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bike“Sing aloud to God our strength; shout for joy to the God of Jacob. Raise a song, sound the tambourine, the sweet lyre with the harp. Blow the trumpet of the new moon, at the full moon, on our festal day. For it is a statute for Israel, an ordinance of the God of Jacob. He made it a decree in Joseph, when he went out over the land of Egypt”
Psalm 81:1-5

Happy New Year!

Here is surely a day to mark on our calendars, a day to truly celebrate and ponder. The passing of the years leads me to take each year more seriously. I take to heart Ben Franklin’s words: “Do not squander time for that is the stuff life is made of”.

As I read the Bible I see that God does intend for us to observe and celebrate the passing of time, the months and years. In fact, the first page of the Bible tells us that God placed the moon and sun right above us to be our celestial calendar “for signs and for seasons and for days and years” (Genesis 1:14).

God intends the passing of each season, day, and year, be an occasion for prayerful reflection on the time that has passed, and a prayerful looking to the future with trust and confidence.

The rabbi and scholar Abraham Heschel has helped me, a post-modern Westerner, to think more Biblically about the significance of time and its passing. Heschel writes:

Unlike the space-minded man to whom time is unvaried, iterative, homogeneous, to whom all hours are alike, quality-less, empty shells, the Bible senses the diversified character of time. There are not two hours alike. Every hour is unique and the only one given at the moment, exclusive and endlessly precious (The Sabbath: Its Meaning for Modern Man).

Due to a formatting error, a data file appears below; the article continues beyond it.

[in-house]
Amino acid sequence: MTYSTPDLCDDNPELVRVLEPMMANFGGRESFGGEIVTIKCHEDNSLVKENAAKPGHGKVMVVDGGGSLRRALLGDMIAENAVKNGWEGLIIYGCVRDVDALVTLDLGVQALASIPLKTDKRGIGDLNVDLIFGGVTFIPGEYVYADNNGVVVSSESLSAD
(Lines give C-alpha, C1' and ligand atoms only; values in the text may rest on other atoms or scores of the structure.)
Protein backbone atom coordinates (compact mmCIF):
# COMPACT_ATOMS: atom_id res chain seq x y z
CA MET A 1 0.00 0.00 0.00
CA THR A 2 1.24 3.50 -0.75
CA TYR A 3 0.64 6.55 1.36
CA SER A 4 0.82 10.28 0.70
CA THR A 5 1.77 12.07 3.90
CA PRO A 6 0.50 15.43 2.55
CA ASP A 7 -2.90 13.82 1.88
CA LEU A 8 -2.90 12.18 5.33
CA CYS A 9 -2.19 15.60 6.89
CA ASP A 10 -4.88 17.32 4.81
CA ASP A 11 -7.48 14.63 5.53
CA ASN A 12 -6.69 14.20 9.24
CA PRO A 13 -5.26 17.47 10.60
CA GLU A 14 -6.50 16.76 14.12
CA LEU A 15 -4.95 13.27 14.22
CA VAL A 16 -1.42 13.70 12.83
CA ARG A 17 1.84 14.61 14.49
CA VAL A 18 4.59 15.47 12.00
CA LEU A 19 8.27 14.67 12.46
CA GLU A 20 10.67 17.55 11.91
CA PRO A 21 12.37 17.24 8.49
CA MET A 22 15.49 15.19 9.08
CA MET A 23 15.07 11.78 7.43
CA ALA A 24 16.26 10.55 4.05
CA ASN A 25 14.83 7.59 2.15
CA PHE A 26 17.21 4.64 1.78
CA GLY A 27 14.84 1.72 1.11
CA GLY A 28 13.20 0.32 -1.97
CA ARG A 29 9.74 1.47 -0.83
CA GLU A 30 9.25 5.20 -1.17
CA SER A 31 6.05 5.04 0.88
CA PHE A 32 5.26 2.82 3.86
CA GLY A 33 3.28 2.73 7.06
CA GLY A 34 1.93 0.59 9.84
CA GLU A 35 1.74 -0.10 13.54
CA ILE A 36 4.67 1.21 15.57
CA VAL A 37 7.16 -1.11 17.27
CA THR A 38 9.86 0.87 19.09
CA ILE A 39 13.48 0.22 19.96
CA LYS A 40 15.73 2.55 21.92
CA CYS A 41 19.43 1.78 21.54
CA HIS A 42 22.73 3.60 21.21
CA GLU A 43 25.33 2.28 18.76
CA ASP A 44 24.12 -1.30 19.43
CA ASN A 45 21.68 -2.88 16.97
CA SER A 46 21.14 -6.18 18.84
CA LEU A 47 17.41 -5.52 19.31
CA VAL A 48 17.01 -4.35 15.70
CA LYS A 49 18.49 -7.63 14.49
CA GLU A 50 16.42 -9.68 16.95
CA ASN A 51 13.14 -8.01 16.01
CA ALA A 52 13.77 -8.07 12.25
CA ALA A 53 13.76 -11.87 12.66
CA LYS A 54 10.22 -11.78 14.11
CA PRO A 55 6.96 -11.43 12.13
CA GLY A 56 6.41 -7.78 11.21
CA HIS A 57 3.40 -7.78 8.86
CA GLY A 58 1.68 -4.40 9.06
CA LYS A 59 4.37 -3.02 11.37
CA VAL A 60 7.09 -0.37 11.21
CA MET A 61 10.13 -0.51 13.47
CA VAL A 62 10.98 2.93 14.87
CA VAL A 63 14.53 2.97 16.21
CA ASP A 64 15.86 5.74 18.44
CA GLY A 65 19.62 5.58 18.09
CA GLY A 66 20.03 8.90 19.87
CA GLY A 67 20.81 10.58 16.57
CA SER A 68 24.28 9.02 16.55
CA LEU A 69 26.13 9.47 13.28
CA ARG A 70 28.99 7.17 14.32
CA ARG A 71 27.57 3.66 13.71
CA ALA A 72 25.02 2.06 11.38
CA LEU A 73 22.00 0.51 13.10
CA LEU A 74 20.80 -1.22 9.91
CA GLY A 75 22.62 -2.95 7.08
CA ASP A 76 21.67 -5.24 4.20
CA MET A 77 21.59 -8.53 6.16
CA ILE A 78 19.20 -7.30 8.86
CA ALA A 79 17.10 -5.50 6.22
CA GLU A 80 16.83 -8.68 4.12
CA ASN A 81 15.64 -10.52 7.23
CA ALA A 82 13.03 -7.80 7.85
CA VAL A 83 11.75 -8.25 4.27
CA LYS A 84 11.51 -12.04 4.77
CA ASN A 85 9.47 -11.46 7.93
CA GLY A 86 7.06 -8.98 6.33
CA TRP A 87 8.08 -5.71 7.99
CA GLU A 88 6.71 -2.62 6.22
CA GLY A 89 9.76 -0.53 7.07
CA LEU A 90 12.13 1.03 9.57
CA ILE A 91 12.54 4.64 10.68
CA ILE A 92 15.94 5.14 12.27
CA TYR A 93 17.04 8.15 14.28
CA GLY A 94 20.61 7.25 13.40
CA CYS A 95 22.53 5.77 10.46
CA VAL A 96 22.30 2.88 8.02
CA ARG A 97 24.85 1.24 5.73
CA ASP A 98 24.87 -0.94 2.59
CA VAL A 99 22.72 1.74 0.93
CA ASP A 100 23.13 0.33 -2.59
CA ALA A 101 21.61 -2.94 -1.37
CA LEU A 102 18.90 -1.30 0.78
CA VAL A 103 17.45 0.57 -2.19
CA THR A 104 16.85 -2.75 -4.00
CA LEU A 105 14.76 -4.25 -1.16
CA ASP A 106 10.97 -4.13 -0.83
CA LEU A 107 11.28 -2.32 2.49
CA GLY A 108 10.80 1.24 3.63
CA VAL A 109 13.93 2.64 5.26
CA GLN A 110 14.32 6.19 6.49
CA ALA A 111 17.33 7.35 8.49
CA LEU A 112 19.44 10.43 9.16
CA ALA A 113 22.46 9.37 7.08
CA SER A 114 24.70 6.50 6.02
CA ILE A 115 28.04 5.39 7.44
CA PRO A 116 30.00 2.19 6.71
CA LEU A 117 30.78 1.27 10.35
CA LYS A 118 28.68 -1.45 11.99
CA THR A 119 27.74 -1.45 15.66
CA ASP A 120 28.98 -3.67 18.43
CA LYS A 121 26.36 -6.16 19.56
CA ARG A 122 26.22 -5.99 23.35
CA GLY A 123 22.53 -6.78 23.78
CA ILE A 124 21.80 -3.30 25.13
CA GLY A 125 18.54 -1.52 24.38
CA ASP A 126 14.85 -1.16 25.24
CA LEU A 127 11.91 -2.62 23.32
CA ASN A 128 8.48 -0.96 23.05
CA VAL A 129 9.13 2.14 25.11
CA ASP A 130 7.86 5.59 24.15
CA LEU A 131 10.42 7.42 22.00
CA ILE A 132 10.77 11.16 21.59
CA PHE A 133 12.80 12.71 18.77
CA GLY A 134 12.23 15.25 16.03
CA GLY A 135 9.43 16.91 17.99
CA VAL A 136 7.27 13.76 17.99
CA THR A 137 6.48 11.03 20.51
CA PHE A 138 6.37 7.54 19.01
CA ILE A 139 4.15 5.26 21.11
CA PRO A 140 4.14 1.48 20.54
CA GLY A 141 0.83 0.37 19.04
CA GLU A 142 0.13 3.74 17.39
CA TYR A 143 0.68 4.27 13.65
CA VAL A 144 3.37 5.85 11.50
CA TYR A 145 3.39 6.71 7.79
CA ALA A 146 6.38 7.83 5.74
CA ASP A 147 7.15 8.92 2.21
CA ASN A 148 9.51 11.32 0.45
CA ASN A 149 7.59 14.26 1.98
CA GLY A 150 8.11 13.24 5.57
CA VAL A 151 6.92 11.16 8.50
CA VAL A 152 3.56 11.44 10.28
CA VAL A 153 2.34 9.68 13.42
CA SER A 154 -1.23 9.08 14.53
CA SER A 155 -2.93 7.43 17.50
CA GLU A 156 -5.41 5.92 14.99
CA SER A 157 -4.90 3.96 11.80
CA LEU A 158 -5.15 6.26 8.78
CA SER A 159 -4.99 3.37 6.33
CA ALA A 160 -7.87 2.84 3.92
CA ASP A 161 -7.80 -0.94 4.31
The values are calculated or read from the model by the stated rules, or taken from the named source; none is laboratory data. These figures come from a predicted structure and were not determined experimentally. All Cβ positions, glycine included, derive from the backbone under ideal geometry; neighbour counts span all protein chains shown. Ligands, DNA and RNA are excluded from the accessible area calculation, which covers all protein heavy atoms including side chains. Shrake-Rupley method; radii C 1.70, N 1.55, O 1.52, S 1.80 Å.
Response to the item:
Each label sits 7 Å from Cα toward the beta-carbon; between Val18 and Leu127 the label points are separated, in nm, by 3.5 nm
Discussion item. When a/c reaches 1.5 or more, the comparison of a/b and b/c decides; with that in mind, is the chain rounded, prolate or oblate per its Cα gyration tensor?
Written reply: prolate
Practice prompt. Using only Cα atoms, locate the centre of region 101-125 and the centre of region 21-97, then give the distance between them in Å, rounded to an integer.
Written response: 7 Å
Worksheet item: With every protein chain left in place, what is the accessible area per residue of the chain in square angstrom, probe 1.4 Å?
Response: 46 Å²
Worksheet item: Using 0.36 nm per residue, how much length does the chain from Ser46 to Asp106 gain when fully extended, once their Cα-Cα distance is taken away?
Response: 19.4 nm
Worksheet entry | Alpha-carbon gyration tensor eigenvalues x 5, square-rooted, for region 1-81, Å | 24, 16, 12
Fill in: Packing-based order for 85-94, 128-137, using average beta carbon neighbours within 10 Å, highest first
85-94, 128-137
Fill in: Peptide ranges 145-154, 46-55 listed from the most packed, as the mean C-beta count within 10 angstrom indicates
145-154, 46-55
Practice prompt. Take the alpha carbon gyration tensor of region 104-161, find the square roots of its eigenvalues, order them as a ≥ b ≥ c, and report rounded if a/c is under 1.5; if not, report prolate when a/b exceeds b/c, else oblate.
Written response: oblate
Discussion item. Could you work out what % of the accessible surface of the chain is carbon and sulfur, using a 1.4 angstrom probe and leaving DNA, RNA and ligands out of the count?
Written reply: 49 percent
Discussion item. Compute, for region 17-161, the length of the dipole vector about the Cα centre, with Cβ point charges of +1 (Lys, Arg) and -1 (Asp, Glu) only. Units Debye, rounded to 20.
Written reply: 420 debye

I have taken today’s text from Psalm 81, which was for ancient Israel a psalm for the New Year. The ancients not only began each month with celebration, but each year with shouts of joy, the sound of the tambourine, lyre, harp, and trumpet, singing “aloud to God our strength”. Each new month and new year were times to recall God’s faithfulness in the past and to look to the new with joy and optimism.

I try to follow ancient Israel’s example and make time in these days before the New Year to celebrate God’s goodness in the old year, and then ready myself to step boldly into the new.

But what about New Year’s resolutions? Well, for me, rather than making resolutions that go in one year and out the other, I like to take these days to connect with my deepest joy. I believe that connecting with our deepest joy can help us discern how God might be “calling” us (i.e. our “vocation”) in the coming year.

I first got this idea of connecting with my deepest joy from Frederick Buechner who says that, “Your calling is where your deep joy and the world’s great need intersect”.

So on this eve of another year, I want to ask you:

  • What is your deepest joy?
  • What is the world’s deepest need?

After giving some thought to these two important questions, you might find it helpful and encouraging to consider these:

  • I have always wanted to try…
  • The world needs more of…
  • My hero/heroine is…
  • Movies, songs, books, art, that inspire me are…
  • If this year were my last I would…

Take some time to ponder these in God’s presence and talk with Him about the New Year. Then, along with the firecrackers, noise makers and horns, “Shout for joy…sing aloud to God our strength”.

Yes, shout for joy!

photo by dickdavid 

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